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Exodus 19: To Myself

Steve Rodeheaver

In Exodus 19 the Israelites finally make it to Mount Sinai. Upon arrival Moses went up the mountain to meet God. The LORD called to Moses and told him to tell Israel,

You yourselves have seen what I did to the Egyptians, and how I carried you on eagle's wings, and brought you to myself. Therefore, if you will listen carefully to my voice and keep my covenant, you shall be my own treasured possession among all peoples and you shall be to me a kingdom of priests and a holy nation.

Moses went down and told the people what God said and the people agreed to listen and obey.

These words from Yahweh call for a closer look. Notice the emphasis on what the Israelites have personally seen/experienced. Yahweh had liberated them from the Egyptians, from the hand of Pharaoh. They had seen the Nile turned to blood. They had heard the cries of the Egyptians in the middle of the night when Yahweh struck down all their firstborn. They had experienced the distinction that Yahweh was making on their behalf in plague after plague. They had walked through the Yahweh-parted sea on dry ground. They had celebrated when Yahweh brought the sea down upon the Egyptian army that was hard on their heels. They indeed had seen what Yahweh had done to the Egyptians to procure their freedom.

More, they had experienced the eagle-wing protection of Yahweh in the desert. They drank bitter water made sweet. They gathered and ate manna daily. They feasted on quail. They drank from a rock. And they were granted victory over the attacking Amalekites. They knew firsthand the "eagleness" of Yahweh.

And what was the purpose of this liberation and eagle-care? To bring justice to an oppressed people? Well, yes, but more. To meet Israel's needs? Well, yes, but more. To demonstrate God's awesome power? Well, yes, but more. The more is, "To bring you to Myself." Yahweh's purpose in all of this has been to bring Israel to Himself. The constant word to Pharaoh, "Let my people go, so that they may worship me." The divine Name revealed in Exodus 6:6-7, "I am Yahweh, I will bring you out from under the burdens of the Egyptians . . ., and I will take you for my people, and I will be your god. . .." The sign to Moses at the burning bush (Ex. 3:12), "when you have brought forth the people out of Egypt you shall worship God on this mountain."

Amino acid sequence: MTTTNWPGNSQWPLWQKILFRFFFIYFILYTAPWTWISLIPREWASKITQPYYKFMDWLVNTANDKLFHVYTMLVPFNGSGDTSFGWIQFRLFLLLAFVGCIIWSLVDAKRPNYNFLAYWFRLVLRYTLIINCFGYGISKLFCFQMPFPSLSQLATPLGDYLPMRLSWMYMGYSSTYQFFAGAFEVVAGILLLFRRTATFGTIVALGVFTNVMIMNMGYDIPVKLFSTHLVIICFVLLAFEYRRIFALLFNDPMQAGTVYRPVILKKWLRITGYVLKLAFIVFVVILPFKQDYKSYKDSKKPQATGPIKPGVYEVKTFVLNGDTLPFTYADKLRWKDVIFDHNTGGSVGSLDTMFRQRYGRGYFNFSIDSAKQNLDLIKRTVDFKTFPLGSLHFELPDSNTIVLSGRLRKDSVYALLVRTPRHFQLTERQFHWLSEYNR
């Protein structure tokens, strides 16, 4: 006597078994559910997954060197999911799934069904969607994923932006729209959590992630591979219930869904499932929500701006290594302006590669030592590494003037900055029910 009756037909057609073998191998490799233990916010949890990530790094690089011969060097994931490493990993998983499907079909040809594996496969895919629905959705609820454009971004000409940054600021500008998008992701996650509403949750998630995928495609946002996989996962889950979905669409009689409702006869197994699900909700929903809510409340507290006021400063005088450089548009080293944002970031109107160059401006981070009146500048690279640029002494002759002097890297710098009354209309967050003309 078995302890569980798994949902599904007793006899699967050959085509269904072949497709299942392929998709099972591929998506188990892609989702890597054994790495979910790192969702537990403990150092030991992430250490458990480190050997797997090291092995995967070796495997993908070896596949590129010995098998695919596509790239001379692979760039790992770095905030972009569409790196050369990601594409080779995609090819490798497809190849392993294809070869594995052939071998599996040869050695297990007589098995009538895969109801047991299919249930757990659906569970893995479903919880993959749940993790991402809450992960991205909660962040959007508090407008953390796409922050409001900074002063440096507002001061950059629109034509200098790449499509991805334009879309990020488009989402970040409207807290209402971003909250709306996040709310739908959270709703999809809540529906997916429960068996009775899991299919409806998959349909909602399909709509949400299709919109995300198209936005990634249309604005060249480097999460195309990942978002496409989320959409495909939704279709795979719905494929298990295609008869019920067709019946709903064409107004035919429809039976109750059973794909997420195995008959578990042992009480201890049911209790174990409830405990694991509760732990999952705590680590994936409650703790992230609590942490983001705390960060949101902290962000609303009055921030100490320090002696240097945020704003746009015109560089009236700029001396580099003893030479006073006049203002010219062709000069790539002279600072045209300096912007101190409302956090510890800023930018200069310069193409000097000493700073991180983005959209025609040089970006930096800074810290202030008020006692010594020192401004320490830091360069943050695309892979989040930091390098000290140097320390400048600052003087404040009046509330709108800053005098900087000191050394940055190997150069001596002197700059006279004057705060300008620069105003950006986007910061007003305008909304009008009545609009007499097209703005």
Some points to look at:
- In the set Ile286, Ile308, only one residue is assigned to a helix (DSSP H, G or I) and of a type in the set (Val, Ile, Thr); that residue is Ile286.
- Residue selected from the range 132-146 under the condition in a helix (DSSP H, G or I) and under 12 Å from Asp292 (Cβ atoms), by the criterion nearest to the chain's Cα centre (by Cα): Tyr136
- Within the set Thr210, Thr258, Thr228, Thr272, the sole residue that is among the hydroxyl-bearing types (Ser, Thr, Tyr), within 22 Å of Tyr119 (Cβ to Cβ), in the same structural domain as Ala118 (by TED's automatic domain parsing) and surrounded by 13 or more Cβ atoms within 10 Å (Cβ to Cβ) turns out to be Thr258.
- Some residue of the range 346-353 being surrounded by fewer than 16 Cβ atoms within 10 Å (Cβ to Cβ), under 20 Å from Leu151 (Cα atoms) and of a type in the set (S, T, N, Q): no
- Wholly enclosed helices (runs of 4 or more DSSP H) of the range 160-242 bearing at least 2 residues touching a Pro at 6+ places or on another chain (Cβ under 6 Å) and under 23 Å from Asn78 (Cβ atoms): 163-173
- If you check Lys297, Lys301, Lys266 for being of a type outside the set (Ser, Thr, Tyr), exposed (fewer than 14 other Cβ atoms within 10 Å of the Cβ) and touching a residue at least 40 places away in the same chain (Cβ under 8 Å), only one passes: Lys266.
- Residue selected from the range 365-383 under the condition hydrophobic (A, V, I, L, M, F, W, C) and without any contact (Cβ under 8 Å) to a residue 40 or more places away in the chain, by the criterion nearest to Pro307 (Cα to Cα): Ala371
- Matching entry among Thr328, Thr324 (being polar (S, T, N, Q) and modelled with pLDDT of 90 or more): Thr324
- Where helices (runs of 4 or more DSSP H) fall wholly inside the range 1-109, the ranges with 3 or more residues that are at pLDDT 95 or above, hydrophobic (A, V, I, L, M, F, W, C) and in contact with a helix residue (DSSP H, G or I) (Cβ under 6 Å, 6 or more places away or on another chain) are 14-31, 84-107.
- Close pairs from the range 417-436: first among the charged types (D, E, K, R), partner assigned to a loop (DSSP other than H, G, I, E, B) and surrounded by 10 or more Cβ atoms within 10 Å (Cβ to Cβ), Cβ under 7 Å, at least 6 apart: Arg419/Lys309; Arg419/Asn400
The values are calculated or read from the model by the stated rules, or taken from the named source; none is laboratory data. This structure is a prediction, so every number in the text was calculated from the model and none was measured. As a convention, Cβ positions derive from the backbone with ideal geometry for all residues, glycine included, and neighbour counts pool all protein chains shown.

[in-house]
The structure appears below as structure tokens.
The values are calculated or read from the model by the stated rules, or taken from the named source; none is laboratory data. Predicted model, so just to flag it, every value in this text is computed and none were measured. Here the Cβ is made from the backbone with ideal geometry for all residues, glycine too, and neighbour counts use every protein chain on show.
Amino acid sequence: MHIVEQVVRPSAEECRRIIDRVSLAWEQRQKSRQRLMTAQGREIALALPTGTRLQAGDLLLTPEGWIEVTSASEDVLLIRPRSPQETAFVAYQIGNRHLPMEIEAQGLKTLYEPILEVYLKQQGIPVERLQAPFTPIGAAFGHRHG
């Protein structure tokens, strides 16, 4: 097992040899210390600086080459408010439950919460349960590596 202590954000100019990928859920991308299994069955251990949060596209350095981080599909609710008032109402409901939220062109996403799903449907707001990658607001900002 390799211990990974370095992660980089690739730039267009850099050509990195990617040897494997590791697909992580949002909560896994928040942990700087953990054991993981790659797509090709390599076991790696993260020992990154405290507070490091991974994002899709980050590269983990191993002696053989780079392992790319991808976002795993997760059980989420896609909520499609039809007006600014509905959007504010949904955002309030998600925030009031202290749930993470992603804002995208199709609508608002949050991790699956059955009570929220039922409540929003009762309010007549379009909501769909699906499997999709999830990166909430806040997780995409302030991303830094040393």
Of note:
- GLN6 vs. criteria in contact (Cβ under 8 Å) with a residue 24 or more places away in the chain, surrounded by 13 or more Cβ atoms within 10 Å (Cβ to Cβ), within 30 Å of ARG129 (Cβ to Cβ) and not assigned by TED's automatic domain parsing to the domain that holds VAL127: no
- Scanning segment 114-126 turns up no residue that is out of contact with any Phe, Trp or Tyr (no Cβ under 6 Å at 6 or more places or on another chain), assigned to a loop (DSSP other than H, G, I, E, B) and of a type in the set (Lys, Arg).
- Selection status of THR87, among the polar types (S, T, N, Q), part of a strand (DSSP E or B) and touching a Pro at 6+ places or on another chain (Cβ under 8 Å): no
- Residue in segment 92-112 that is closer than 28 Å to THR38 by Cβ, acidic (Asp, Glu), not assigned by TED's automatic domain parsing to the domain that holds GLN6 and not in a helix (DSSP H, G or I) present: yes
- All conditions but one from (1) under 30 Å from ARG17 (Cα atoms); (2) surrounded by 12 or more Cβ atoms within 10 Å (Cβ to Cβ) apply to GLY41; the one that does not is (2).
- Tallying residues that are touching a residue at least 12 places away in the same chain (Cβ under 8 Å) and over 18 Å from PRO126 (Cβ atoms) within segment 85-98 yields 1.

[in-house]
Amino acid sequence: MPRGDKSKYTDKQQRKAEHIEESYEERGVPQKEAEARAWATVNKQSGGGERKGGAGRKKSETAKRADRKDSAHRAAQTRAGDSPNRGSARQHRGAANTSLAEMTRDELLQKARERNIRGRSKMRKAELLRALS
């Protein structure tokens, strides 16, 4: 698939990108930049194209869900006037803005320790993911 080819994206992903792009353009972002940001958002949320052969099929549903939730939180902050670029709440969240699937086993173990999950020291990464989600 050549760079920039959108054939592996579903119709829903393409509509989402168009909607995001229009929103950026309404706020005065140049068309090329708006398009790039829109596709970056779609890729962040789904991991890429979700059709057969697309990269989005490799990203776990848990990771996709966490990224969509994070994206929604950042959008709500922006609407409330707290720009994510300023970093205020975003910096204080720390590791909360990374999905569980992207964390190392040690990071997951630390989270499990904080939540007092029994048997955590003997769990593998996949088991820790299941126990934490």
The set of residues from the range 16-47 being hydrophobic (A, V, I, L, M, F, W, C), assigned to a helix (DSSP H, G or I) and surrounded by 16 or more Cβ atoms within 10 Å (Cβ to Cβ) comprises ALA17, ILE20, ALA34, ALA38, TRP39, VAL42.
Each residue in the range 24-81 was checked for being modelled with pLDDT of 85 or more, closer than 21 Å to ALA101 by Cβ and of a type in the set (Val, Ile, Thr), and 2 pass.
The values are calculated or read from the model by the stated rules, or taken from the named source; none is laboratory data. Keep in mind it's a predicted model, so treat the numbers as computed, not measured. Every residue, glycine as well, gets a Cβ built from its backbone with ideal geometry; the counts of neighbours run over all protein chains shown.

From the call of Moses at the burning bush through the plagues, sea, and desert, the purpose of God had been to bring Israel to Himself. The goal was not merely liberation from Egypt, but liberation to Yahweh. The eagle wings were not merely provision for another day, but to bring Israel to this day of meeting. Yahweh's saving purpose was to bring Israel to Sinai, to bring Israel to the place where He had met Moses, to bring Israel to Himself.

I think we have a deep and terrible tendency to stop short of Yahweh's purpose. We love the thought of liberation from, whatever the "from" might be. That is often where we want Yahweh's work to end: with our freedom to do whatever we want, to go whichever way we want. We want the liberation from the things we find binding, and we call on God to set us free. But what we don't realize, or don't want to deal with, is that God never sets free for the sake of mere freedom. Liberation is always to "bring you to myself." It is liberation to and not merely liberation from, liberation to come to and abide in God.

Likewise with provisions: we implore God to provide for us, to meet our daily needs, and many wants as well. And that's where our prayers stop. They are shopping-cart prayers. There is nothing wrong with shopping-cart prayers – Jesus taught us to pray, "give us this day our daily bread" – but God's ultimate purpose is to do more than fill our carts. "Thy kingdom come, Thy will be done." "Forgive us, as we forgive."

God wants to bring us to Himself. The provisions are not an end in themselves, but merely to bring us to Sinai/Calvary, to bring us to a place of meeting, a place of covenant. We are to seek first the Kingdom, and trust God to supply the provisions. We tend to seek first the provisions and give little care to living as the people of God, little concern with the Kingdom/reign of Christ in our lives. In short, God has acted and Christ has called us, not merely to set us free, not merely to meet our needs, but to bring us to Himself, that we might live in covenant with Him. Don't live with a reduction of God's purpose.

Having brought Israel to Himself, Yahweh then put a "therefore, if... then..." to them. We've covered the therefore: all that Yahweh has done for them in bringing them to Sinai. The if has to do with what Israel will do given what Yahweh has done. The content of the if is carefully listening to/obeying the voice of Yahweh. Notice the relational terminology. We are not talking about obeying a set of impersonal commands posted on a wall or etched in stone. It's about heeding a voice. It's not about meeting contractual obligations, but about keeping covenant. If Israel does this listening, then Yahweh will do more. The content of the then is making Israel Yahweh's treasured possession, a kingdom of priests, a holy people.